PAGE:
Once you reach consultant level, and if you choose to work within the NHS, you’ll receive a nationally agreed salary, in line with your experience, with further pay enhancements for being on-call etc. If you go onto the private sector, then salaries are negotiated directly with the employer.
If you choose to specialise as a GP, then you can either be employed directly by a GP practice, or work as a self-employed GP in your own practice.
By opting to run your own practice, you negotiate a contract with your local Clinical Commissioning Group (CCG) to provide services to your local community and are then paid for the services your then provide.
Whatever your speciality, and whether you choose to work in the public or private sector, you can expect to receive a generous salary, alongside other useful benefits, such additional annual leave, a pension, and very often discounts in various retail outlets etc. You might also find you get access to cycle schemes and gym memberships, depending on your employer!
After several years’ experience, there’s also options to move into research, teaching or even healthcare management, with several roles available to qualified, and experienced, doctors.
By choosing to train, and work, in medicine, you can be assured of a lifelong and well-paid career, if you wish, with the opportunity to be supported by ongoing training, and support. There’s also support to move into a different speciality, should you choose!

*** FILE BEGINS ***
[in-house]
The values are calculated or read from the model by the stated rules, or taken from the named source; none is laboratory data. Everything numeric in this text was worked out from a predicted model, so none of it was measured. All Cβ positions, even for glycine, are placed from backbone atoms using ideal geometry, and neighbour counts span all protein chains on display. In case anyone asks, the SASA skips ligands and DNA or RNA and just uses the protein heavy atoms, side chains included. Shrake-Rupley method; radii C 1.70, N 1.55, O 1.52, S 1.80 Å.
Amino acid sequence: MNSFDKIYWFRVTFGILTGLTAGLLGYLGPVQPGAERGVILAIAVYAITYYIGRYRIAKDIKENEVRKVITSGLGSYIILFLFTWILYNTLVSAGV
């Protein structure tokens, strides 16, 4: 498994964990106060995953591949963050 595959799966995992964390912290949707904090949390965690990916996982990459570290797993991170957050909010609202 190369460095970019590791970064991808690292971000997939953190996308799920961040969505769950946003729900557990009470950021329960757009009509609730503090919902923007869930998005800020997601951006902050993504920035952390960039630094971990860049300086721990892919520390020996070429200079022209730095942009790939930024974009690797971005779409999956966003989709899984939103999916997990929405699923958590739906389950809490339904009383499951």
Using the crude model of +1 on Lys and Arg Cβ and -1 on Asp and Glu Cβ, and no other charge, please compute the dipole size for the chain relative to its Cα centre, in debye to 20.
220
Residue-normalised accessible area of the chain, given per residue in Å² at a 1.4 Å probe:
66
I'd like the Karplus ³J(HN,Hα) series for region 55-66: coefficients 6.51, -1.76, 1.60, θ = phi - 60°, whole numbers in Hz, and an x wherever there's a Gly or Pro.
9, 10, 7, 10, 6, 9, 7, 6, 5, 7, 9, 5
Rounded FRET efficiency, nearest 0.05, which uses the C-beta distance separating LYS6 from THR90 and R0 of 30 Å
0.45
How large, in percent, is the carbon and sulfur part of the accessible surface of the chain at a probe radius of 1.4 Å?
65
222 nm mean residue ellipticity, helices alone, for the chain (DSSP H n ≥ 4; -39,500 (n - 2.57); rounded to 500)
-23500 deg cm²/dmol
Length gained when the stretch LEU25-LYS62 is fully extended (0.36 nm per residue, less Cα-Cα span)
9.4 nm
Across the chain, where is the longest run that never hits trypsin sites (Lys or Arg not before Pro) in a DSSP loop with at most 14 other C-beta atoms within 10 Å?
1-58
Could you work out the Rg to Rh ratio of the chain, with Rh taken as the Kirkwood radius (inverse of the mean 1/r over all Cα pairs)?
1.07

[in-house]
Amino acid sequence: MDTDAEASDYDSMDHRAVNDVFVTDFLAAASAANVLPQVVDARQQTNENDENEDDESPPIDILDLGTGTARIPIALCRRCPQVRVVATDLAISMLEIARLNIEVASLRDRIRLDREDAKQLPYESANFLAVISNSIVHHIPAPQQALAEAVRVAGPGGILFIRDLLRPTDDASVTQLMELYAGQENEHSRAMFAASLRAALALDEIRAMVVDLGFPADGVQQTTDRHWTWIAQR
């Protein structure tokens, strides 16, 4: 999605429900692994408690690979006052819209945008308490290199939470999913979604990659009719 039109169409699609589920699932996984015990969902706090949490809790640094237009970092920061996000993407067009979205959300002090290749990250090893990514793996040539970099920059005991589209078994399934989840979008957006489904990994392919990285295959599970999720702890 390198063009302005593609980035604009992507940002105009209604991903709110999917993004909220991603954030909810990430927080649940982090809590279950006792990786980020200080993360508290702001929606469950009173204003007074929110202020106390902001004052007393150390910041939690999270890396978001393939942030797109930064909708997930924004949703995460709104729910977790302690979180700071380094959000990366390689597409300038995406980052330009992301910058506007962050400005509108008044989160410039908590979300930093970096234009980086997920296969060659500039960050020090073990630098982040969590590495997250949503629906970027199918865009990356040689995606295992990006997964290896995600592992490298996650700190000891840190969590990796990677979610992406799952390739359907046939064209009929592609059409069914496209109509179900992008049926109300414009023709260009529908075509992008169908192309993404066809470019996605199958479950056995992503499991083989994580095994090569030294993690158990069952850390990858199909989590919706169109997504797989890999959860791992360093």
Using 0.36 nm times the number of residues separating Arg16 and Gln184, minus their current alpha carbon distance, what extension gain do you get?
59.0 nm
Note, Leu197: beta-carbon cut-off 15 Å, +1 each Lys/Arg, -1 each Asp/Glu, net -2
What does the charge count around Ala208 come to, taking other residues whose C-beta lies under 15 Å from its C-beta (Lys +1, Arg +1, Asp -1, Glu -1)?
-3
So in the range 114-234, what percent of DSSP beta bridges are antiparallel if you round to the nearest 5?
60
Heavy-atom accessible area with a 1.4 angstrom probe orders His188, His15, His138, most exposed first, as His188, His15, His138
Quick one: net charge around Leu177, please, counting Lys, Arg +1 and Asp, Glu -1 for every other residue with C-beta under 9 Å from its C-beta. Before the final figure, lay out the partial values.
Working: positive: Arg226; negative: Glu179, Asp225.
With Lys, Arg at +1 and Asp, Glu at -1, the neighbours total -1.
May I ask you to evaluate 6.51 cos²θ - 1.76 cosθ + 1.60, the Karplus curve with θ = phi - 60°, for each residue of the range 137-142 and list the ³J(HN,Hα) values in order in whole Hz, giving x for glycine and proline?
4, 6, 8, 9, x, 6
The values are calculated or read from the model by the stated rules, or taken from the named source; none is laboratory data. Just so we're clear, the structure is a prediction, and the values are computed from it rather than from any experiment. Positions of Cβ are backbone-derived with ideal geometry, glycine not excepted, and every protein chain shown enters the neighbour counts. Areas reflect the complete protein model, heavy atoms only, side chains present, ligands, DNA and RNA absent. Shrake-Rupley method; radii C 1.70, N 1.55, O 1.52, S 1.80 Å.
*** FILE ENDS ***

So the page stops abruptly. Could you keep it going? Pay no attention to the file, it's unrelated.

5. This sounds like it’s for me! How do I apply to medical school?
All UK medical schools and universities will accept applications through the UCAS system. You’ll need to fill in basic personal information and provide information on your actual and expected qualifications, alongside providing a personal statement and reference.
Alongside this, you’ll also usually need to set an admissions test, such as the UKCAT (UK Clinical Aptitude Test), and you should check any specific requirements with your prospective universities. Be aware that these tests are often only sat a few times per year, so make sure you investigate your options, to avoid missing your intended entrance point!
Entrance tests do not particularly look at a candidates scientific or technical knowledge; they aim to see what kind of student you are, and focus on cognitive skills, alongside the other professional and personal skills doctors need.